Insights from past millennia into climatic impacts on human health and survival, por Anthony J. McMichael
Climate change poses threats to human health, safety, and survival via weather extremes and climatic impacts on food yields, fresh water, infectious diseases, conﬂict, and displacement. Paradoxically, these risks to health are neither widely nor fully recognized. Historical experiences of diverse societies experiencing climatic changes, spanning multicentury to single-year duration, provide insights into population health vulnerability—even though most climatic changes were considerably less than those anticipated this century and beyond. Historical experience indicates the following. Long-term climate changes have often destabilized civilizations, typically via food shortages, consequent hunger, disease, and unrest. Medium-term climatic adversity has frequently caused similar health, social, and sometimes political consequences. Infectious disease epidemics have often occurred in association with briefer episodes of temperature shifts, food shortages, impoverishment, and social disruption. (iv) Societies have often learnt to cope (despite hardship for some groups) with recurring shorterterm (decadal to multiyear) regional climatic cycles (e.g., El Niño Southern Oscillation)—except when extreme phases occur. The drought–famine–starvation nexus has been the main, recurring, serious threat to health. Warming this century is not only likely to greatly exceed the Holocene’s natural multidecadal temperature ﬂuctuations but to occur faster. Along with greater climatic variability, models project an increased geographic range and severity of droughts. Modern societies, although larger, better resourced, and more interconnected than past societies, are less ﬂexible, more infrastructure-dependent, densely populated, and hence are vulnerable. Adverse historical climate-related health experiences underscore the case for abating human-induced climate change.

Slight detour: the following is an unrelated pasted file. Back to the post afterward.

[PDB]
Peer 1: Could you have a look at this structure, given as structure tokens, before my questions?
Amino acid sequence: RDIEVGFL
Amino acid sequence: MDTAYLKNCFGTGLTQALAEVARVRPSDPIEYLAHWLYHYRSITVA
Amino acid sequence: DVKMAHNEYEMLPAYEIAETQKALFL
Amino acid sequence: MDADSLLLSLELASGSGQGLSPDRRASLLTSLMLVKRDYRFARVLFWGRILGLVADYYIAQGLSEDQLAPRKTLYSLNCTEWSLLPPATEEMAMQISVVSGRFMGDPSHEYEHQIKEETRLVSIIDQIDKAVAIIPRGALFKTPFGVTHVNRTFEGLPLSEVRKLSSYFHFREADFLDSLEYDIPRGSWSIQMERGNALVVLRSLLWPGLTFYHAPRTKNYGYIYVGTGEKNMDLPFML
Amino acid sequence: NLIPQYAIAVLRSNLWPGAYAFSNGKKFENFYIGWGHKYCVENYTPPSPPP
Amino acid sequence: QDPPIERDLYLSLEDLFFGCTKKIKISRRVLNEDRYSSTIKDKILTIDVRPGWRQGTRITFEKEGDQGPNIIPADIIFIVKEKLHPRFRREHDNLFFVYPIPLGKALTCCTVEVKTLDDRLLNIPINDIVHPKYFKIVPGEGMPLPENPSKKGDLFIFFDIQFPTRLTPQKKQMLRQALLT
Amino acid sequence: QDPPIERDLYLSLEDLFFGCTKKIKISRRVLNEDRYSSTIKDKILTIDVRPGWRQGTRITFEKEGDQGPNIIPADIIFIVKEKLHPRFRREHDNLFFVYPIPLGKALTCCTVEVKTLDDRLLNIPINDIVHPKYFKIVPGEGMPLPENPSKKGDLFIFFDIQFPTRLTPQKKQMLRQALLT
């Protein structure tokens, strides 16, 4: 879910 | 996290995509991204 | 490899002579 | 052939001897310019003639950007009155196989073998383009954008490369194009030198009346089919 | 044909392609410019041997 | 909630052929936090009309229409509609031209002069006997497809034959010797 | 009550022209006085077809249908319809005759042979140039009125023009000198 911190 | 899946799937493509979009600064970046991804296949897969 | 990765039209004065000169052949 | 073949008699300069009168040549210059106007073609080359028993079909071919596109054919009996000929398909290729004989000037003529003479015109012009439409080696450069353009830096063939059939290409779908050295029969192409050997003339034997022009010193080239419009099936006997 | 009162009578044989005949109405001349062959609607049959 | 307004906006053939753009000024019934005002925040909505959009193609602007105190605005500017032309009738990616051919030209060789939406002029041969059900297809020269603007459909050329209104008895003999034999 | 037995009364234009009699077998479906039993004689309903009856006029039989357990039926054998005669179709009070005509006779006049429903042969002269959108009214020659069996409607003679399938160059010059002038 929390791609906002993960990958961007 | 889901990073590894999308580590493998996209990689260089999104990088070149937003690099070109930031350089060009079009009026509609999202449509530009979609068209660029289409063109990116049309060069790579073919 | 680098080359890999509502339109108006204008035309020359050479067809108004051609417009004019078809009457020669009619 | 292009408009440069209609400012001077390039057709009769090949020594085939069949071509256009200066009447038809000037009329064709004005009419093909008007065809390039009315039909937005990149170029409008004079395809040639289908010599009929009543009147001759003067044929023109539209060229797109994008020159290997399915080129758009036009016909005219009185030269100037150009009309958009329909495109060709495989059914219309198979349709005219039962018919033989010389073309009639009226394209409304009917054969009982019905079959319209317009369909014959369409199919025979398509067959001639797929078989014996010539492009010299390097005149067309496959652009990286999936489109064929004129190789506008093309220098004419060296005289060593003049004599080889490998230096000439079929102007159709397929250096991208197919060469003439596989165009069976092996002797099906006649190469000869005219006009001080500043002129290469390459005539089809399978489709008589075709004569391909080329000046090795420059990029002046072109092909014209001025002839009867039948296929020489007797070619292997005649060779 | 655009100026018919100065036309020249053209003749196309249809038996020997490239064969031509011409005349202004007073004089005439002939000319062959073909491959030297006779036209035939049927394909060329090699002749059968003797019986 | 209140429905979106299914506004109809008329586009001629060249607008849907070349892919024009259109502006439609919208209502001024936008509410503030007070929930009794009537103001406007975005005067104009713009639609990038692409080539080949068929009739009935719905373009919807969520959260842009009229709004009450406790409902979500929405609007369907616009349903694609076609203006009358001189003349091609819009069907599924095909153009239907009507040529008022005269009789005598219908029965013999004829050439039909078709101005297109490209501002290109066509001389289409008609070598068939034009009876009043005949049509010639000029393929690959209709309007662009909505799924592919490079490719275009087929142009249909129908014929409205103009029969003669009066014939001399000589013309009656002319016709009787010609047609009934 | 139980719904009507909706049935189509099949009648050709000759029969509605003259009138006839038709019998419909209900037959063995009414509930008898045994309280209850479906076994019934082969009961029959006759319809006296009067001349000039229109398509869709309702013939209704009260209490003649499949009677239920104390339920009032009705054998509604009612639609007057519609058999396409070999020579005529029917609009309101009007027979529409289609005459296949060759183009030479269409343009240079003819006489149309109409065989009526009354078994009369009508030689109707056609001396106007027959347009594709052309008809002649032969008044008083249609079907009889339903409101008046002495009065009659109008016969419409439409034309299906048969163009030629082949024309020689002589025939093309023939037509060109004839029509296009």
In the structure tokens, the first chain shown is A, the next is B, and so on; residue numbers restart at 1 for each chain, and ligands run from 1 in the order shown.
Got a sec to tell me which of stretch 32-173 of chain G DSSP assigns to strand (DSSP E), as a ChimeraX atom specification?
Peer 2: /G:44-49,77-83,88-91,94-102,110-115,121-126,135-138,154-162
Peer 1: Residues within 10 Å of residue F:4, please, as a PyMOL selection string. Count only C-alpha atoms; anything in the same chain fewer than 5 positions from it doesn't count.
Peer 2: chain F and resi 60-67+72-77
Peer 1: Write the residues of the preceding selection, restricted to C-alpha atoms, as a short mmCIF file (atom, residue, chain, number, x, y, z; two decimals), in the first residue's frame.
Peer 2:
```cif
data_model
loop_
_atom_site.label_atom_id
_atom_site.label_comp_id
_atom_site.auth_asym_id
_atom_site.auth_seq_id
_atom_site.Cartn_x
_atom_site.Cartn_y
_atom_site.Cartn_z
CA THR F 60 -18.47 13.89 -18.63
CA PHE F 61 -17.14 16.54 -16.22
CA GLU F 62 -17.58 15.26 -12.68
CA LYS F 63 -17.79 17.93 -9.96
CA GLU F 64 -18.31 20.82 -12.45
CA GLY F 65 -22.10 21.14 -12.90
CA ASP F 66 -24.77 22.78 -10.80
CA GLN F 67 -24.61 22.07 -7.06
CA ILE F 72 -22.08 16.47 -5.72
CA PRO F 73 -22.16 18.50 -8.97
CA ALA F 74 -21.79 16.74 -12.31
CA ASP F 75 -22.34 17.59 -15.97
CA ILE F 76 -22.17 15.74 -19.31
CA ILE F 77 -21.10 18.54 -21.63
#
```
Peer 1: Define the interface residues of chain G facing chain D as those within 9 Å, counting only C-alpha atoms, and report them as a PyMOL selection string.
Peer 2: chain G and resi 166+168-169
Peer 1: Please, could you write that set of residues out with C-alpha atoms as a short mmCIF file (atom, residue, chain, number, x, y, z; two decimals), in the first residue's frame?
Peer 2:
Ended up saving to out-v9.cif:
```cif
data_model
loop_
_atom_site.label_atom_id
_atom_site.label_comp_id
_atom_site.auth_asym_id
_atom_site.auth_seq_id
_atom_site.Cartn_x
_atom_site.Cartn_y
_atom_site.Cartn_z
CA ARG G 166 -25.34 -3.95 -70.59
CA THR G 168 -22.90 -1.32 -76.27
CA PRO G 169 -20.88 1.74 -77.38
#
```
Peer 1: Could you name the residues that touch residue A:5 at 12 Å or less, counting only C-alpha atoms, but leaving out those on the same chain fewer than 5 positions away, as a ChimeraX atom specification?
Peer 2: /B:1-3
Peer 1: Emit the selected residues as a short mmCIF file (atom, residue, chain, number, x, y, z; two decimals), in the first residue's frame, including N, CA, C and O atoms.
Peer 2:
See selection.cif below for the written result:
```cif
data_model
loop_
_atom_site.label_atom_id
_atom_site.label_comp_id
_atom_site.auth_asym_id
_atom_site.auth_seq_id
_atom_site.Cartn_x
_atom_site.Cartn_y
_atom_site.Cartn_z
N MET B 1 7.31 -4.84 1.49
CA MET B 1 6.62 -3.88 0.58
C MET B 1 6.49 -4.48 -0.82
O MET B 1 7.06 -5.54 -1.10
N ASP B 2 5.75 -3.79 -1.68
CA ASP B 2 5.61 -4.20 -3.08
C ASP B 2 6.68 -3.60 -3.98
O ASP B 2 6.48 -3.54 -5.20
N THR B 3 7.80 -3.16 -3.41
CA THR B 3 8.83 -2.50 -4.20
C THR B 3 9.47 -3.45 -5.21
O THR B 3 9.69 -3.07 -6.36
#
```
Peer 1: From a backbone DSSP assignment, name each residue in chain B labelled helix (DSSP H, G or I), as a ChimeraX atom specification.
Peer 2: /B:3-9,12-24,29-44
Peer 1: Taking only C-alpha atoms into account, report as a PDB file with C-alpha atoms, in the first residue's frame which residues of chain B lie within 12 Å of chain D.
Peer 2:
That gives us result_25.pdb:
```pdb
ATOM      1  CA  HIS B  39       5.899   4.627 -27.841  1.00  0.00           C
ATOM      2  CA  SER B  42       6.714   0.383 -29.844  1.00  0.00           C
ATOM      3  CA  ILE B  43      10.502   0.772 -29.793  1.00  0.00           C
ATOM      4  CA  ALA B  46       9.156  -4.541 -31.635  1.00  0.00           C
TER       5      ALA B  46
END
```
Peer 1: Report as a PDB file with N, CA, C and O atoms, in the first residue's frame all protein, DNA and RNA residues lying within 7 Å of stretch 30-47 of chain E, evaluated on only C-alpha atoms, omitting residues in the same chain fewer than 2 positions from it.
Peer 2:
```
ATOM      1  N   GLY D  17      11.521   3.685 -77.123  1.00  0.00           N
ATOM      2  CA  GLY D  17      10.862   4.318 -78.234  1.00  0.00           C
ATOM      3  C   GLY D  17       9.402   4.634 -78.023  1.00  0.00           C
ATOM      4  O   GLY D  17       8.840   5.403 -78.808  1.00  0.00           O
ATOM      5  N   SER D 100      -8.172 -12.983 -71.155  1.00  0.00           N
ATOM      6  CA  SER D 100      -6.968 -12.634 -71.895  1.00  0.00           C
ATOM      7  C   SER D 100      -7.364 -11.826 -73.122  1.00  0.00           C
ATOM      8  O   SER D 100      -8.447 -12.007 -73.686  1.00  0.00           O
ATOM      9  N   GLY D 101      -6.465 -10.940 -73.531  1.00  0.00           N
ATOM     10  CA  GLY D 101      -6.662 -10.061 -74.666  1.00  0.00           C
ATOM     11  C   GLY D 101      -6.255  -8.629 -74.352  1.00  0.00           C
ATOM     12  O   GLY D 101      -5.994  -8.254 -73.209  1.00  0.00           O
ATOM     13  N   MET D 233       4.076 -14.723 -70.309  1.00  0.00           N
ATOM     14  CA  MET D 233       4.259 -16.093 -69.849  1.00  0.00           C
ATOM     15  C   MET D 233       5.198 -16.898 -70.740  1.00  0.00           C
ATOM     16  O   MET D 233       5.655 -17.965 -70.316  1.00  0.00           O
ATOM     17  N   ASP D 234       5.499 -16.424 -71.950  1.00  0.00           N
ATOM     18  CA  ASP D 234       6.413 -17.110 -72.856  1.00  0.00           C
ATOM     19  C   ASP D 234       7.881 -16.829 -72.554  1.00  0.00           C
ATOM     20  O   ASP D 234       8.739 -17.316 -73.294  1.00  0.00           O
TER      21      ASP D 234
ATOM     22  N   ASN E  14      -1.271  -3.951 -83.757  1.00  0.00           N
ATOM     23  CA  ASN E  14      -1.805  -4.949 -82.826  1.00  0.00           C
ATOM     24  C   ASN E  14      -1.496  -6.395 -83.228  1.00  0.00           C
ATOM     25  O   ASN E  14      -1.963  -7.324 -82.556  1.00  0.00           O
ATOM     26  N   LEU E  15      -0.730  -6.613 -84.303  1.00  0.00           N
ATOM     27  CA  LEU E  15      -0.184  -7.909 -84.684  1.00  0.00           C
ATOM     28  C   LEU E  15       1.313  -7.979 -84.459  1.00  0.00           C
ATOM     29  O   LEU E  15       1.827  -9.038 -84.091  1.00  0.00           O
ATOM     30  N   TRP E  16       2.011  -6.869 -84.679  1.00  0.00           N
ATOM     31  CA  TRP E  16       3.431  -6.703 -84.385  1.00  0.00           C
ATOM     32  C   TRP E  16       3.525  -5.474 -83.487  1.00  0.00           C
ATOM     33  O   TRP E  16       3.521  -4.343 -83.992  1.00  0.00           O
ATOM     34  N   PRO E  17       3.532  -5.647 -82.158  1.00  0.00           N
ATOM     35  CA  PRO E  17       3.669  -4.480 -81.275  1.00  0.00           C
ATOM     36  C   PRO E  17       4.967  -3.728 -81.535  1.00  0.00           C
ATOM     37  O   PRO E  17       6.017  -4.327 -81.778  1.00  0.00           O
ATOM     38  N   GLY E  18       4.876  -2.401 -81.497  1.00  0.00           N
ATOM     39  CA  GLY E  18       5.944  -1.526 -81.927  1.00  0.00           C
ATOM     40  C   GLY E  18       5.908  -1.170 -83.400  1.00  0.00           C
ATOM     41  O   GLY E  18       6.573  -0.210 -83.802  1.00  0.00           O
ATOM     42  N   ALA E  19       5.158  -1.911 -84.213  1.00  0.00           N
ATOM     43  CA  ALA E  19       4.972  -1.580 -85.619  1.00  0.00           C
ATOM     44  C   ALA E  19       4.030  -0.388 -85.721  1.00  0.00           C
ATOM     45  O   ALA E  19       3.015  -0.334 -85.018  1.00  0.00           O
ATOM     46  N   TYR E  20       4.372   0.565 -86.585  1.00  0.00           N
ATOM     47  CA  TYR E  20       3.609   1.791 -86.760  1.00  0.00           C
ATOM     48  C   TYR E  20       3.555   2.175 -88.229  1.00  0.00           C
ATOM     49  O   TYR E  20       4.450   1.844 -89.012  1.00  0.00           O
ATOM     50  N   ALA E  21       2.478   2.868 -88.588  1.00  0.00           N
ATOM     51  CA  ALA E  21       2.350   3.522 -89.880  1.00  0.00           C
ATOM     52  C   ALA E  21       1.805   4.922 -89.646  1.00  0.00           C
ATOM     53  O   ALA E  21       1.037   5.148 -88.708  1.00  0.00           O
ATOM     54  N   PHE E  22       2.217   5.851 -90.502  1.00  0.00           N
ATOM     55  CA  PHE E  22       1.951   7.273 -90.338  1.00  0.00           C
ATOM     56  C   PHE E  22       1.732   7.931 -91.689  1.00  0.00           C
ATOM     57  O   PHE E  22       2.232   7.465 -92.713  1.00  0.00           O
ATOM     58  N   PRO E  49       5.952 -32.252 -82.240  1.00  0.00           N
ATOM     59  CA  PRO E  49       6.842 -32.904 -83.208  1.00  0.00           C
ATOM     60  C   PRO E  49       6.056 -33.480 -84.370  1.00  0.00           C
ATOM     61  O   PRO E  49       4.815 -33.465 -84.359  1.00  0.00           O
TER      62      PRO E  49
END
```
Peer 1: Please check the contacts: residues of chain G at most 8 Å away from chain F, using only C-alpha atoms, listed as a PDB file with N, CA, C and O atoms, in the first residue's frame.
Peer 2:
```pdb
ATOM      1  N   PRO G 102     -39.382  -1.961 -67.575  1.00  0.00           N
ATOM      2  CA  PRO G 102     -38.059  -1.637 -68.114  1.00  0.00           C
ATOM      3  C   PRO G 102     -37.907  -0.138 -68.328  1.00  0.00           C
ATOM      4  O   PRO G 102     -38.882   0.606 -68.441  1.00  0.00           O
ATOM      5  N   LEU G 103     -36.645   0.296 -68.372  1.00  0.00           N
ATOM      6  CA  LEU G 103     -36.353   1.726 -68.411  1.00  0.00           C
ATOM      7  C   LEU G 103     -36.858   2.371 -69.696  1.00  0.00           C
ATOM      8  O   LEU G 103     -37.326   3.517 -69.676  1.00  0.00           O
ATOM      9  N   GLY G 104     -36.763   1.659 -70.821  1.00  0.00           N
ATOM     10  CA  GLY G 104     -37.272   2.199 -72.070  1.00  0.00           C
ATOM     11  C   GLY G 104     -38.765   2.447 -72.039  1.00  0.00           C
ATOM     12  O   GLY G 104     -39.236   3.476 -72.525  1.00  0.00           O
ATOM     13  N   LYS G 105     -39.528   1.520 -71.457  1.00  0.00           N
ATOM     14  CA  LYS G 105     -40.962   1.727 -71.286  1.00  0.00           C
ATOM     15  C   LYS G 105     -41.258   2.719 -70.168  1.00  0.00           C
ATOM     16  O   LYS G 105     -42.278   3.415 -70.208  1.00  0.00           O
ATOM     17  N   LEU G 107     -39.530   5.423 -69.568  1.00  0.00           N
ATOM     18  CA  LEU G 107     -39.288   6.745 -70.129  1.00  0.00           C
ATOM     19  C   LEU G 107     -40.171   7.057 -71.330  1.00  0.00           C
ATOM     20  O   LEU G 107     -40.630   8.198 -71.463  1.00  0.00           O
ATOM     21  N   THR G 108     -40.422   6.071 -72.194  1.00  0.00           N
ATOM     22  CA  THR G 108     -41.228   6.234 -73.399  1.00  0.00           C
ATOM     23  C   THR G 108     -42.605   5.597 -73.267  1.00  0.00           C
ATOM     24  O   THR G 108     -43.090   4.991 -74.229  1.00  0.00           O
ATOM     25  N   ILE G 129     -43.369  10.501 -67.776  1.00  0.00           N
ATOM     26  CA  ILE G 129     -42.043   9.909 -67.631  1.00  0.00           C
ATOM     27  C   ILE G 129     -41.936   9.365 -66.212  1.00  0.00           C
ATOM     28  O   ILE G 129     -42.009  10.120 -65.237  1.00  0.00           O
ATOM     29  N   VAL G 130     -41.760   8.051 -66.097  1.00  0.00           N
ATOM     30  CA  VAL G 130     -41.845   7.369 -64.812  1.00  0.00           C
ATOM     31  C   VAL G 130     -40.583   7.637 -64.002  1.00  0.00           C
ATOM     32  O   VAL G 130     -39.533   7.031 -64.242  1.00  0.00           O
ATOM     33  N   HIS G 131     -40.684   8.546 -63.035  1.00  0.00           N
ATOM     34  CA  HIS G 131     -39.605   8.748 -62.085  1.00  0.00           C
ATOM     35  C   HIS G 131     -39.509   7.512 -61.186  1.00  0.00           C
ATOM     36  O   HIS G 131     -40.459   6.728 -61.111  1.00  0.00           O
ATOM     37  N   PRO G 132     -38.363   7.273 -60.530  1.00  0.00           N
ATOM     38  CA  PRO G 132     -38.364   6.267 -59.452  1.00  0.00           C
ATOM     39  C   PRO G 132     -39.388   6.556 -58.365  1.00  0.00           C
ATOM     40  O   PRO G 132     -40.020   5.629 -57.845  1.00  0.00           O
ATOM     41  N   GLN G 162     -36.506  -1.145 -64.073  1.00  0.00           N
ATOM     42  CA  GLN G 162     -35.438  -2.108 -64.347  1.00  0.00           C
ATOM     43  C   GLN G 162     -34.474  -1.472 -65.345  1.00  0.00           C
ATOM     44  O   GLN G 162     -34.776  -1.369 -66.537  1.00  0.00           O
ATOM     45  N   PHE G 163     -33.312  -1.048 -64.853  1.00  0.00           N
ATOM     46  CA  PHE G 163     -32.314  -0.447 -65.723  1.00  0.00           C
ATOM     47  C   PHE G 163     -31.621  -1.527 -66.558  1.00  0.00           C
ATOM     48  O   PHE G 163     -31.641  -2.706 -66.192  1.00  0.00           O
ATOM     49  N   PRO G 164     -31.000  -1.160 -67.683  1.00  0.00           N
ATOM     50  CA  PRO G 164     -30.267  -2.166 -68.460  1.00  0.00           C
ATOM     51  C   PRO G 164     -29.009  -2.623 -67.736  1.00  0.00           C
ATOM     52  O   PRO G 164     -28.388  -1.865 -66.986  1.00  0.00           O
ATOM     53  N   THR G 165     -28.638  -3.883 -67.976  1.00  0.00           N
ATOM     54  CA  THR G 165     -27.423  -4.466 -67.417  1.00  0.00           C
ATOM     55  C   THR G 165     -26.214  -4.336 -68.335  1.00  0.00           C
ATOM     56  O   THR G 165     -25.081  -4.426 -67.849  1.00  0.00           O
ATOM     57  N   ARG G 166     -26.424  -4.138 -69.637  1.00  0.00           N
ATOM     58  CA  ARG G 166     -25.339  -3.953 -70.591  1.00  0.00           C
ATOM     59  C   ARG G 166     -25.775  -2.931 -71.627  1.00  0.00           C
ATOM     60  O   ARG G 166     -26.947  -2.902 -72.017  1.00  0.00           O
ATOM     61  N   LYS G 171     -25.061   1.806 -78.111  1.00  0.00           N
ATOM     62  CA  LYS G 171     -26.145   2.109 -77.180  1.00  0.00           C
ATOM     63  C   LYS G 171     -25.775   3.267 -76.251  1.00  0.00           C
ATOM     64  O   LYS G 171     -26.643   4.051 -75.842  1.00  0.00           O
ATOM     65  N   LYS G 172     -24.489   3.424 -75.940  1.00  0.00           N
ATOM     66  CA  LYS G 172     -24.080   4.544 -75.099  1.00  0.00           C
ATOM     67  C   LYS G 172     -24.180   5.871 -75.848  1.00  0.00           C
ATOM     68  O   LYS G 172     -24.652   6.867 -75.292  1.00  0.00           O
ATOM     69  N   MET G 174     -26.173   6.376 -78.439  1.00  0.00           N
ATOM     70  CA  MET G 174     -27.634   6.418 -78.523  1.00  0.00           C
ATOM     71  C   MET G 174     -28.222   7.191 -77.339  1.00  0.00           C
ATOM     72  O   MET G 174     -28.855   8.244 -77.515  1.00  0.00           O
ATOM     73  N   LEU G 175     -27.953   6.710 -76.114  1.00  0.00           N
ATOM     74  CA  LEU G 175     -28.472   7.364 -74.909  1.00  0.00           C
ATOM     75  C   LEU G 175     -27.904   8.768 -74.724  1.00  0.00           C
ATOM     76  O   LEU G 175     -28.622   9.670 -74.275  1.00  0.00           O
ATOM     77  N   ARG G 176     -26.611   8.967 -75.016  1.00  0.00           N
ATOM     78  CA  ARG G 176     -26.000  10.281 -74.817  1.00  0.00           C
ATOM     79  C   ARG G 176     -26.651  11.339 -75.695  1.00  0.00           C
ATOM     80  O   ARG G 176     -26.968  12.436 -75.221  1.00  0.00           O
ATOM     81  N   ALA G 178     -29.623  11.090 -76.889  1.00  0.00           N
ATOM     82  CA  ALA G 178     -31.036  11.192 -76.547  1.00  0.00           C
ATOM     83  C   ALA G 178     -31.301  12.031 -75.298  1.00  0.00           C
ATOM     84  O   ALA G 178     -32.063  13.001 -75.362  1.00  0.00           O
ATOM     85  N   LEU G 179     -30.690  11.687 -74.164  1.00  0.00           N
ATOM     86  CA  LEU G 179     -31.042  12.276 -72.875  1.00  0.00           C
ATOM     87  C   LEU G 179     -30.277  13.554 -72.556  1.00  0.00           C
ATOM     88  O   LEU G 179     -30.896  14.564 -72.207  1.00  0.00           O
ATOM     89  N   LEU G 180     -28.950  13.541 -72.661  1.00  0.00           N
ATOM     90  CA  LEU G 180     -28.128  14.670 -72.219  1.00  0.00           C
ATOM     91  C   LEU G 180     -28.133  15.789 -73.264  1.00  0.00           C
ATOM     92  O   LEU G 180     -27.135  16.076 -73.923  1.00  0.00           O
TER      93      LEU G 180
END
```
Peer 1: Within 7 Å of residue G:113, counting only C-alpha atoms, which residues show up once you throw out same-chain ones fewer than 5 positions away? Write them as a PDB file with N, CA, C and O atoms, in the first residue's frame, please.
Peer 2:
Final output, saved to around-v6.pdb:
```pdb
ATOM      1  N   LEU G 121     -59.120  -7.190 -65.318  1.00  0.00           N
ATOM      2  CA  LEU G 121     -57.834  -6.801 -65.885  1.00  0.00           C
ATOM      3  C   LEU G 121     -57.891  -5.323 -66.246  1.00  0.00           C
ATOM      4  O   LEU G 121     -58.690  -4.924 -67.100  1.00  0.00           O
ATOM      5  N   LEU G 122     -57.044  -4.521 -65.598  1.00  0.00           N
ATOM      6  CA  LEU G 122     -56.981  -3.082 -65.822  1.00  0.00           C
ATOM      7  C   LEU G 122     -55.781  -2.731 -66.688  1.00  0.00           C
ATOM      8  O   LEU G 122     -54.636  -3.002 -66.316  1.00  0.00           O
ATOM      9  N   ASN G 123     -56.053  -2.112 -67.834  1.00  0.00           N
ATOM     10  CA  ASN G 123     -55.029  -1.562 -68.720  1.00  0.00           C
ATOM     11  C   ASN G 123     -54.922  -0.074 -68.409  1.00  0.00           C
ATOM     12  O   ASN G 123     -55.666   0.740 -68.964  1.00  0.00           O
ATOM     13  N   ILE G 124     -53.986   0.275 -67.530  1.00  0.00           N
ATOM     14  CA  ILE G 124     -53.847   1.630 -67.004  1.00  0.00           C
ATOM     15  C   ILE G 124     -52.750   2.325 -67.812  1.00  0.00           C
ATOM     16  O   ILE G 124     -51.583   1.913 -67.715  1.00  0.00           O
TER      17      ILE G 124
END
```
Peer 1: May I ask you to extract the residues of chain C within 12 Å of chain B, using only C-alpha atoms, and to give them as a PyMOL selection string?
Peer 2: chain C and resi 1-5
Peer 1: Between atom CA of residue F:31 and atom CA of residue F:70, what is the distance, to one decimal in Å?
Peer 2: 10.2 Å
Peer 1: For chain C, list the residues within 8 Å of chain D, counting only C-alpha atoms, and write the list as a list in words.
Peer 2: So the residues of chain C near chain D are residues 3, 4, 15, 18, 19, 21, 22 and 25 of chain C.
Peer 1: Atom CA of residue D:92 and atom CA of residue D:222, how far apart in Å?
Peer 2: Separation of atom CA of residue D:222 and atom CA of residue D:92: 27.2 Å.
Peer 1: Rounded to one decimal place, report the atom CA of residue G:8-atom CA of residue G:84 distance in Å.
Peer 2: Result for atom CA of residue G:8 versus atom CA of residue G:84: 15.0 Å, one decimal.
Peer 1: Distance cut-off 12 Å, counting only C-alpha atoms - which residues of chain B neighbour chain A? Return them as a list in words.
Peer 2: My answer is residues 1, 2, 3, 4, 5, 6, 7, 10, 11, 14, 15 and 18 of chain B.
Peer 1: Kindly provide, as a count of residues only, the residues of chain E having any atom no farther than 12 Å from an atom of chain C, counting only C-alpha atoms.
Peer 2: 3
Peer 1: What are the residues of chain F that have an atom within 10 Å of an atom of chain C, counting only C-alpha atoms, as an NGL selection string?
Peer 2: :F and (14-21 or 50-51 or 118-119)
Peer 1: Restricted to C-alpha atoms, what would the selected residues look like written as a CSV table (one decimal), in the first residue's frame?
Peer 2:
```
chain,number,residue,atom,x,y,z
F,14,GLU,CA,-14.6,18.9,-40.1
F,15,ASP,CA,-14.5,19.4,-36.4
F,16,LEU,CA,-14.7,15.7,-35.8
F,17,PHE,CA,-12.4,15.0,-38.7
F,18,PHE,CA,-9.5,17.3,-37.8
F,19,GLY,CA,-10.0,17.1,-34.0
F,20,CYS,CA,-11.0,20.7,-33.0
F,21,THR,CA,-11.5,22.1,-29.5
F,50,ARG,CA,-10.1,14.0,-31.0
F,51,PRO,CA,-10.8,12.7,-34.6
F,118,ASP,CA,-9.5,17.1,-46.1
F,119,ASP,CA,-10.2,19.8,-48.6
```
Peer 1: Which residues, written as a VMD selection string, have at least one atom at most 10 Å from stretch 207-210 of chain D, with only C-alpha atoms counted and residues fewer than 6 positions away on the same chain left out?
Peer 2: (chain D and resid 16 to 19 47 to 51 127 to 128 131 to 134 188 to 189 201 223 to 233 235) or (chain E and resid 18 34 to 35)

2 - National Centre for Epidemiology and Population Health, Australian National University, Canberra ACT 0200, Australia This contribution is part of the special series of Inaugural Articles by members of the National Academy of Sciences elected in 2011. Contributed by Anthony J. McMichael, December 7, 2011 (sent for review September 10, 2011).